The description from Board Game Geek is as follows:
CIVILIZATION is a game of skill for 2 to 7 players. It covers the development of ancient civilizations from the invention of agriculture c. 8000 B.C. to the emergence of Rome around the middle of the third century B.C. Each player leads a nation of peoples over a map board of the Eastern Mediterranean and Near East as they attempt to carve a niche for themselves and their culture.
Although battles and territorial strategy are important, this is not a war game because it is not won by battle or conquest. Instead, the object of play is to gain a level of overall advancement involving cultural, economic, and political factors so that such conflicts that do arise are a result of rivalry and land shortage rather than a desire to eliminate other players. Nomad and farmer, warrior and merchant, artisan and citizen all have an essential part to play in the development of civilization. It is the player who most effectively changes emphasis between these various outlooks who will achieve the best balance - and win.
(from the Introduction to the Avalon Hill edition rulebook)
This game has a huge following and is widely regarded as one of the best games about ancient civilizations. Each player takes on the role of leader of an ancient civilization, such as the Illyrians or Babylonians. Your task is to guide your people through the ages by expanding your empire and using its proceeds to finance new technological advances, such as Literacy, Metalworking, or Law. The advancements help your civilization better cope with its problems as well as help bring new advancements.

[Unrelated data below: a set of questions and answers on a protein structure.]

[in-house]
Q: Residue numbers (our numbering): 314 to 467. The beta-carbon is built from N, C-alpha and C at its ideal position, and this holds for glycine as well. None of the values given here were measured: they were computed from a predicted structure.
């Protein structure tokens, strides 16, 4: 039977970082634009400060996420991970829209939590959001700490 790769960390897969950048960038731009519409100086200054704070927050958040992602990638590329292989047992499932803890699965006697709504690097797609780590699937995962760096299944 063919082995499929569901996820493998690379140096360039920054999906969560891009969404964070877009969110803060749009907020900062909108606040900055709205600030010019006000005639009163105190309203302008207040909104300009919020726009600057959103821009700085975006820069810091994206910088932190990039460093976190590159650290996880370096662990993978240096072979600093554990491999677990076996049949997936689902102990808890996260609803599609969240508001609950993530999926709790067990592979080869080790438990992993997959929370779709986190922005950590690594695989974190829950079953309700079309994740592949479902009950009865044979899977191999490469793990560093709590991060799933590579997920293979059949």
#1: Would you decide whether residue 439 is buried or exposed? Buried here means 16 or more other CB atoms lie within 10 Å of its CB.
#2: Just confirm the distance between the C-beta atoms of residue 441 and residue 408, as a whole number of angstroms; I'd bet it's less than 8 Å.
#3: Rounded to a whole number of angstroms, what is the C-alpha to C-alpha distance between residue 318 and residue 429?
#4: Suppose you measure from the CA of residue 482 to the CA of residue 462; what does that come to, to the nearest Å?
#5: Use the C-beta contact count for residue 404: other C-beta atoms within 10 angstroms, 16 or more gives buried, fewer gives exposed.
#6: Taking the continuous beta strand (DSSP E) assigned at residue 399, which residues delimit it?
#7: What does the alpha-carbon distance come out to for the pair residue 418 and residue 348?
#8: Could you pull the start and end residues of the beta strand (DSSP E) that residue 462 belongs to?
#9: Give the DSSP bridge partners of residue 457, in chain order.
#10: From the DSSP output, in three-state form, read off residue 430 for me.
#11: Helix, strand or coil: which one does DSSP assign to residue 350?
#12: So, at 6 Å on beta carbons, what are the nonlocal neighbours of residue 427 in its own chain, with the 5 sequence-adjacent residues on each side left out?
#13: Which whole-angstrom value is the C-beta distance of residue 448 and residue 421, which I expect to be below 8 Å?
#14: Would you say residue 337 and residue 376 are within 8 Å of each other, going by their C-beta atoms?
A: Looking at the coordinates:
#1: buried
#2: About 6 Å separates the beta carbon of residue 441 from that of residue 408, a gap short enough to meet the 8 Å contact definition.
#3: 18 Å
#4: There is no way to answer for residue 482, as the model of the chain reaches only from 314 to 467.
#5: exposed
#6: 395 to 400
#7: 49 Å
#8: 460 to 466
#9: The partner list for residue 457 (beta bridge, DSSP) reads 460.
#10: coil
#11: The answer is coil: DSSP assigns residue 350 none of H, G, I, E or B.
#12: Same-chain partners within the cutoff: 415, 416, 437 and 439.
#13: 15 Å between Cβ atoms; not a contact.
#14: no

Civilization is widely thought to be the first game ever to incorporate a "technology tree," allowing players to gain certain items and abilities only after particular other items were obtained. This influential mechanism has been adopted by countless other board games, card games, and computer games.
Right up front let me say that I somehow messed up the Civil War rule(s) early on but when we discovered it, we discussed it, and decided to leave things as is. It was an honest mistake that rendered the Calamity rather ineffectual but essentially treated all players equally and sped up the game a bit, so we left things well enough alone. Consider it a rules modification for this teaching game. Everything else went rather smoothly but for one player lying in the weeds a bit too much and falling behind on the AST. Even the other new players were warning that the strategy would glean an insurmountable deficit, but to no avail. As long as the player understood, I wasn't going to harp on it too much. Again, I had three new players in a four-player game and was more concerned I had forgotten to explain some aspect that caused the attempted strategy but when the player unveiled the culmination of his plan, we also understood what had been attempted, if not successfully. As it turned out, we basically got a four-player game done in two five-hour evenings one week apart and three new players have been brought into the fold. I consider that a huge success.